So why would I care about the debut of a band covering songs that I’ll barely recognize?

The band’s video of  “Life Stinks” offered a taste that left me wanting more.

But it’s the personnel list that really got to me: Tony Torn, Dan Safer — and Stew (of  The Negro Problem/”Passing Strange” fame) sitting in as a special guest.

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Black 47′s long goodbye comes to Yonkers

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What form of entertainment could be more appropriate in St. Patrick’s weekend than a Black 47 concert?

And the great thing is , if you love in the Lower Hudson Valley, you don’t even have to trek into New York City to see them (unless you simply must do it on Monday, St. Patrick’s Day proper, when they appear at B.B. King’s).

The lauded Irish-American rock band, which is calling it quits in November, is playing Sunday afternoon at Empire City Casino in Yonkers.

For mor info, check out my interview with Larry Kirwan, the lead singer and cofounder. It’s online now at LoHud.com and is scheduled to appear in Friday’s editions of The Journal News.

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Marah takes a trip into the past to find something fresh and new

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An album full of mysteries, discoveries and pure joy

Awhile back, my friends in Marah asked me to do an item on their new single advancing the release of their Marah Presents Mountain Minstrelsy of Pennsylvania album.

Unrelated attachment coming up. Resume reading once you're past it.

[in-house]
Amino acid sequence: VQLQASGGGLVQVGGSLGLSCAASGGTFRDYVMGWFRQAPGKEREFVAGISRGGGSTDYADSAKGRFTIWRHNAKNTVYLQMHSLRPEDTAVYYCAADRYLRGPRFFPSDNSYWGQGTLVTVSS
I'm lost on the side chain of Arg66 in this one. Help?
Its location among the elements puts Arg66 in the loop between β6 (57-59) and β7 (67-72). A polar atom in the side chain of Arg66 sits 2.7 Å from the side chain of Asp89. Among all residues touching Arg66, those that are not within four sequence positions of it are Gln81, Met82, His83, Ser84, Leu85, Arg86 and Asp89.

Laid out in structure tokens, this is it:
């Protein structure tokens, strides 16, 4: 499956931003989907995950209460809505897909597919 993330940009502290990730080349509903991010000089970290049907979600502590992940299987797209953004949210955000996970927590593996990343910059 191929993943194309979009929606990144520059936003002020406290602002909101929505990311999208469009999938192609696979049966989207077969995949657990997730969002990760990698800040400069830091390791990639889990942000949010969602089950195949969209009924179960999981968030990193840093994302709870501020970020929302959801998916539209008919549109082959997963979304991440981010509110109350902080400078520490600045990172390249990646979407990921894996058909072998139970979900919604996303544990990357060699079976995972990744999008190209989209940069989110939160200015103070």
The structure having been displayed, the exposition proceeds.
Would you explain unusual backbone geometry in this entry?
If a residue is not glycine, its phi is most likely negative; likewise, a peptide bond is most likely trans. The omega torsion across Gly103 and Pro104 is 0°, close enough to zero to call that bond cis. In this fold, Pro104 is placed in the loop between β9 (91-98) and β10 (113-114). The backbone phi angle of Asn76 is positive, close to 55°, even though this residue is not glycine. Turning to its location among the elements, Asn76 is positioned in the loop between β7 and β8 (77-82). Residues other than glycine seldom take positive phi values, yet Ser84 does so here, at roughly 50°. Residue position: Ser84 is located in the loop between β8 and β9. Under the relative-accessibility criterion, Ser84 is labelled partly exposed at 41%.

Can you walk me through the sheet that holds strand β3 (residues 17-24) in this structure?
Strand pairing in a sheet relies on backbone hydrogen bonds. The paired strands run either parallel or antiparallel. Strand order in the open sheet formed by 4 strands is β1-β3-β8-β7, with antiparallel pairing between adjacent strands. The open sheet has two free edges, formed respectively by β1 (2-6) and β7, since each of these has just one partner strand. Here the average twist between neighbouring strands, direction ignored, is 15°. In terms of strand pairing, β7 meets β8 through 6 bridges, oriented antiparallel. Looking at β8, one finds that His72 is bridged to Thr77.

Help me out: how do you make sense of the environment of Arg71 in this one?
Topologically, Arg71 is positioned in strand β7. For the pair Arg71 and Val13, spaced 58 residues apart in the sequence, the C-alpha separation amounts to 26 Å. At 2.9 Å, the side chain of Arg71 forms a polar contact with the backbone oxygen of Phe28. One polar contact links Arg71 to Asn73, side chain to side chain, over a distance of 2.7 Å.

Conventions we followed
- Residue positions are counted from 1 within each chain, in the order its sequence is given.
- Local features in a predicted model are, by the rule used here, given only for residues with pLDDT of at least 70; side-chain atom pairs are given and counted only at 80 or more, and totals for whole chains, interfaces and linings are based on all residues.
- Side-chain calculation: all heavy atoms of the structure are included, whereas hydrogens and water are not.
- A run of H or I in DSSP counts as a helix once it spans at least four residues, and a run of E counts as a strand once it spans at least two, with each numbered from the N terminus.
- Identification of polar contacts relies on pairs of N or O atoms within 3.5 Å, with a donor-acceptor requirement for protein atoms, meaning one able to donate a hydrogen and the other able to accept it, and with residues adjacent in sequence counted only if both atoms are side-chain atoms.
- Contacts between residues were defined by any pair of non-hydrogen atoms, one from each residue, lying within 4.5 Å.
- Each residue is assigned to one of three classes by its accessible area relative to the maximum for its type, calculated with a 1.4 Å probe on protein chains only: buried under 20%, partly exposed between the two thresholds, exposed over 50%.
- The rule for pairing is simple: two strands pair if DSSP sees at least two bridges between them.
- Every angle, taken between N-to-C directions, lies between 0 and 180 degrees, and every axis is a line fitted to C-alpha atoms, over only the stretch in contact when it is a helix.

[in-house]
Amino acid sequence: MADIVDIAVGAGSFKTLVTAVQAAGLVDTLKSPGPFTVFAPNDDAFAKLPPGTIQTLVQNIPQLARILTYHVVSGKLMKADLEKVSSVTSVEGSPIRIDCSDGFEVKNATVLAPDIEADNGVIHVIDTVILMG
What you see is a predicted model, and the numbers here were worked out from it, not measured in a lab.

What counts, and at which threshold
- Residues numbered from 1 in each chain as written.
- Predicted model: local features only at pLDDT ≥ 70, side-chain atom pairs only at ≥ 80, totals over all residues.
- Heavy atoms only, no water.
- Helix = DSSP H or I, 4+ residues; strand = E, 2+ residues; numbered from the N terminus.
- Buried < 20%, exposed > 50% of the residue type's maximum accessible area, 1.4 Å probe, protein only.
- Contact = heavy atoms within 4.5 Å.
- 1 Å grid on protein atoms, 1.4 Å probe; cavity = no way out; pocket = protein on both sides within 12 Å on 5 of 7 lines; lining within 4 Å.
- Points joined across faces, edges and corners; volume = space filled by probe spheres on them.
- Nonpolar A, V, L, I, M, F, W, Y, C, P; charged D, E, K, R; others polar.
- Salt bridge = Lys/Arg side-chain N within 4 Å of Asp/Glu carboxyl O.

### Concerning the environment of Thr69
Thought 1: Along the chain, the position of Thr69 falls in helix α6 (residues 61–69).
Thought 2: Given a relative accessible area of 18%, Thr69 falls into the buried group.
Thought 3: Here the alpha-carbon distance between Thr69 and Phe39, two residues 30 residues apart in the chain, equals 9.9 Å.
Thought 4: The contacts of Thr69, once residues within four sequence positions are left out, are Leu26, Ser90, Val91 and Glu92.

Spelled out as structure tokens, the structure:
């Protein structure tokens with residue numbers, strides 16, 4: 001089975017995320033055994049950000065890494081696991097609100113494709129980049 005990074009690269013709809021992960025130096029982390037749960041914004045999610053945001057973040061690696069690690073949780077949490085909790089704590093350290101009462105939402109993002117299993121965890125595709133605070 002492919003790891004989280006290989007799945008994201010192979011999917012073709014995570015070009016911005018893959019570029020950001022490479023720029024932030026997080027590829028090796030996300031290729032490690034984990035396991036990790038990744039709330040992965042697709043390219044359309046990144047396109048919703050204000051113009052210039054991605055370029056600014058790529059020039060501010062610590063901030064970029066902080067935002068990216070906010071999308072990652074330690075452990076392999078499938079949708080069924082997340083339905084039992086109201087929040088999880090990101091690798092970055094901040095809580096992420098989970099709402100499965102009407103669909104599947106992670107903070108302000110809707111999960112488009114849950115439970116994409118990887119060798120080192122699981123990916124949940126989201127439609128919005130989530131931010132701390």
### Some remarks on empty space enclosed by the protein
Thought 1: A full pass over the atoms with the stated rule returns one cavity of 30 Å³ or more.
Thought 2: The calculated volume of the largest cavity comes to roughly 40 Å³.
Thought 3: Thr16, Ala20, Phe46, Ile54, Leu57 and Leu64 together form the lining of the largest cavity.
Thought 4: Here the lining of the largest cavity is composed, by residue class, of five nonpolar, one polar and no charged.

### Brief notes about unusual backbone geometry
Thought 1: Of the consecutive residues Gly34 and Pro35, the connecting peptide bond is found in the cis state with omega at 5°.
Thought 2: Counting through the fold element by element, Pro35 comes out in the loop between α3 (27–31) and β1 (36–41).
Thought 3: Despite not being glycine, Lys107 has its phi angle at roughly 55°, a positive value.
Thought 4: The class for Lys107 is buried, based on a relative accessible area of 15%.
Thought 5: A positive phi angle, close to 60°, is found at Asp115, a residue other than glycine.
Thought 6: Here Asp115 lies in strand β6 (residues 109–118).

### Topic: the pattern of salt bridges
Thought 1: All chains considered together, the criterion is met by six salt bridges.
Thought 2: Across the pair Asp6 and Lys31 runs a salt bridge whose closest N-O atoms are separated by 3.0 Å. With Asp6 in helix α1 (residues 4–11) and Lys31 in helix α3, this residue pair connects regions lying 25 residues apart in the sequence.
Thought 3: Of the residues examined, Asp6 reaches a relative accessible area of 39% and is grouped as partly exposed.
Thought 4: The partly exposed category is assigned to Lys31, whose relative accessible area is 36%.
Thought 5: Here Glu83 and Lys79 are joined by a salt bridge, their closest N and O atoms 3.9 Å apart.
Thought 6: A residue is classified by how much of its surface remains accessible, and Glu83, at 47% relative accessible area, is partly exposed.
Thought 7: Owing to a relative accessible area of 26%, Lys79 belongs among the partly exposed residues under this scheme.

Will You Miss Me When I’m Gone? is a labor of love, but sometimes the love of paying the bills takes so much time that there’s not much time for the labor of love. David Bielanko’s request for an item came at one of those times. The idea kept getting moved, of necessity, to the end of the list. Eventually, as happens with many to-do lists — at least mine — it fell off altogether.

So when the album was finally released on Feb. 25, I realized I had to get my hands on a copy and find a few minutes to make up for letting that opportunity slip away.

So I placed my order and waited.

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Stew brings ‘The New Stew Review’ to 54 Below (Video)

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There’s still time to grab tickets to see Stew, the Tony Award-winning creator of Broadway’s wildest ride, “Passing Strange,” in the cabaret setting of Manhattan’s 54 Below on Friday or Saturday night.

Stew’s work speaks for itself. He’s created a great deal of thoughtful, memorable, and provocative songs for theater, with “Passing Strange” and other shows, and for clubs as a solo performer and with his band, The Negro Problem.

He’s been a favorite of mine for 15 years. His “New Stew Review” promises a preview of upcoming shows, along with old favorites. If experience is any guide, he’ll offer plenty of surprises.

A trip to 54 Below, in the cellar of Studio 54, 254 West 54th Street, Manhattan, can be a bit pricey. But Stew is worth it. Tickets for his shows, which start at 8 p.m., are $40-55, plus a $25 per person minimum. But use the code PUBLIC54 to get a reasonable discount.